Los Angeles voters last month approved a sweeping ethics package that increases council salaries, limits political contributions and campaign spending, establishes partial public financing of campaigns, bans gifts and honorariums, expands financial disclosure requirements and prohibits elected officials from lobbying the city for a year after leaving office.

After Kell's suggestion was sent to the Long Beach City Council's Legislation Committee last winter, committee member Jeffrey Kellogg drew up a proposal, but it does not go nearly as far as the Los Angeles measure. It has yet to be acted on by the committee, although Councilman Evan Anderson Braude, committee chairman, said the issue likely will be taken up in a month or two.

"It is reaffirming many things that people don't understand we are already on the books with," Kellogg said of his draft. He too argued that Los Angeles' new rules were not suitable for a part-time council that does not experience the same big-city pressures as its Los Angeles counterpart.

Yet the idea that Long Beach is small by comparison does not impress everyone. "I think there is an unwillingness on the part of some council people to appreciate that we are already a lot like Los Angeles," said Edgerton, who advocates a full-time council.

Activists also dismiss the notion that a part-time council should not be held to the same standards as a full-time council. Saying she thought Long Beach would do well to follow in Los Angeles' footsteps, Norma Mayfield, a Common Cause board member and Long Beach resident, commented: "I don't think there's a serious ethical problem (in Long Beach) at this point. I think it's more cronyism. . . . But as we get larger and larger and there's more at stake, there's a danger we will fall into the pattern that decisions are made not on the basis of public good but private gain."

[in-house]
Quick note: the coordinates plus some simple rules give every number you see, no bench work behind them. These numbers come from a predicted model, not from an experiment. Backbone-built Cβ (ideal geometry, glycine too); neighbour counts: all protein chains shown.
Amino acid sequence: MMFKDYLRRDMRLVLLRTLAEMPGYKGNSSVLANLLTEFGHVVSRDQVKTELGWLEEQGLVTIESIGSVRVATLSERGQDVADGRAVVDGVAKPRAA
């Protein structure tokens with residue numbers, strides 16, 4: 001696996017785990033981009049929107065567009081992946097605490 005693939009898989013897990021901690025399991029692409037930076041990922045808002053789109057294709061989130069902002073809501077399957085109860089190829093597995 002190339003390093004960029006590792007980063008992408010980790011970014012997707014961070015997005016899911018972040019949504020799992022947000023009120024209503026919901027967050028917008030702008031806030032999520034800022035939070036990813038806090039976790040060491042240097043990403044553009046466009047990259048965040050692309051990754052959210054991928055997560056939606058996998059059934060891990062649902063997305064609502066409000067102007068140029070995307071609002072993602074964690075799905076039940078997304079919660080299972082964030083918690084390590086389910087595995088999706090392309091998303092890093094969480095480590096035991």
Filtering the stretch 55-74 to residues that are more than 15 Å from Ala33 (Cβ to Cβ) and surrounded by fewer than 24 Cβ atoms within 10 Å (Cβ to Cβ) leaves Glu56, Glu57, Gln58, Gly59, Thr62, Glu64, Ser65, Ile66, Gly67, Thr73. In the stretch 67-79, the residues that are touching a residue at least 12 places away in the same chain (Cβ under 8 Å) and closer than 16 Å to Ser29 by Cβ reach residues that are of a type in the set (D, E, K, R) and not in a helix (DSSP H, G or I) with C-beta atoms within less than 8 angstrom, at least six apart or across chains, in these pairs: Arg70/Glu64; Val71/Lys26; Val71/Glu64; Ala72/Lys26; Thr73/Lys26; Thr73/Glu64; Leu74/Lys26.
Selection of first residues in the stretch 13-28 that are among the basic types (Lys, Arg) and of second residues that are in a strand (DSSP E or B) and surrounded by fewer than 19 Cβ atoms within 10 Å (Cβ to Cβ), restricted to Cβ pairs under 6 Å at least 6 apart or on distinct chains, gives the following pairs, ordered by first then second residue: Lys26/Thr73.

Paul Schmidt, a Cal State Long Beach political science professor who keeps an eye on local politics, said the city has a need for two major types of reform. He argues that public financing of campaigns would help dilute the influence of private financial backers, while restrictions patterned after Orange County's so-called "tin cup" ordinance would make it impossible for incumbents to repay major contributors with favorable votes on their projects.

The Orange County law, adopted years ago, bars any county supervisor from voting on matters involving a donor who has given the supervisor political contributions totaling more than $1,874 within the past 48 months. The contribution limit changes each year with inflation.

Public financing of campaigns also paves the way for limits on campaign spending, since courts have ruled that such limits are permissible only if accompanied by partial public financing.

But the statewide initiative, Proposition 73, killed efforts to adopt public financing in Long Beach and limit campaign spending. Because the 1988 law bans public financing of campaigns, the Long Beach city attorney has said such funding would be illegal.

Still, the proposition did not stop Los Angeles from adopting public funding. City attorneys there contend that the financing ban does not apply to cities with their own charters--such as Los Angeles and Long Beach.

"Although the issue is not totally free of doubt, the state does not have the authority to tell the city how to spend its own funds," explained Tony Alperin, assistant city attorney in Los Angeles.

The matter is ultimately likely to be decided in the state's courts. In the meantime, Long Beach officials seem unwilling to mount a challenge to Proposition 73.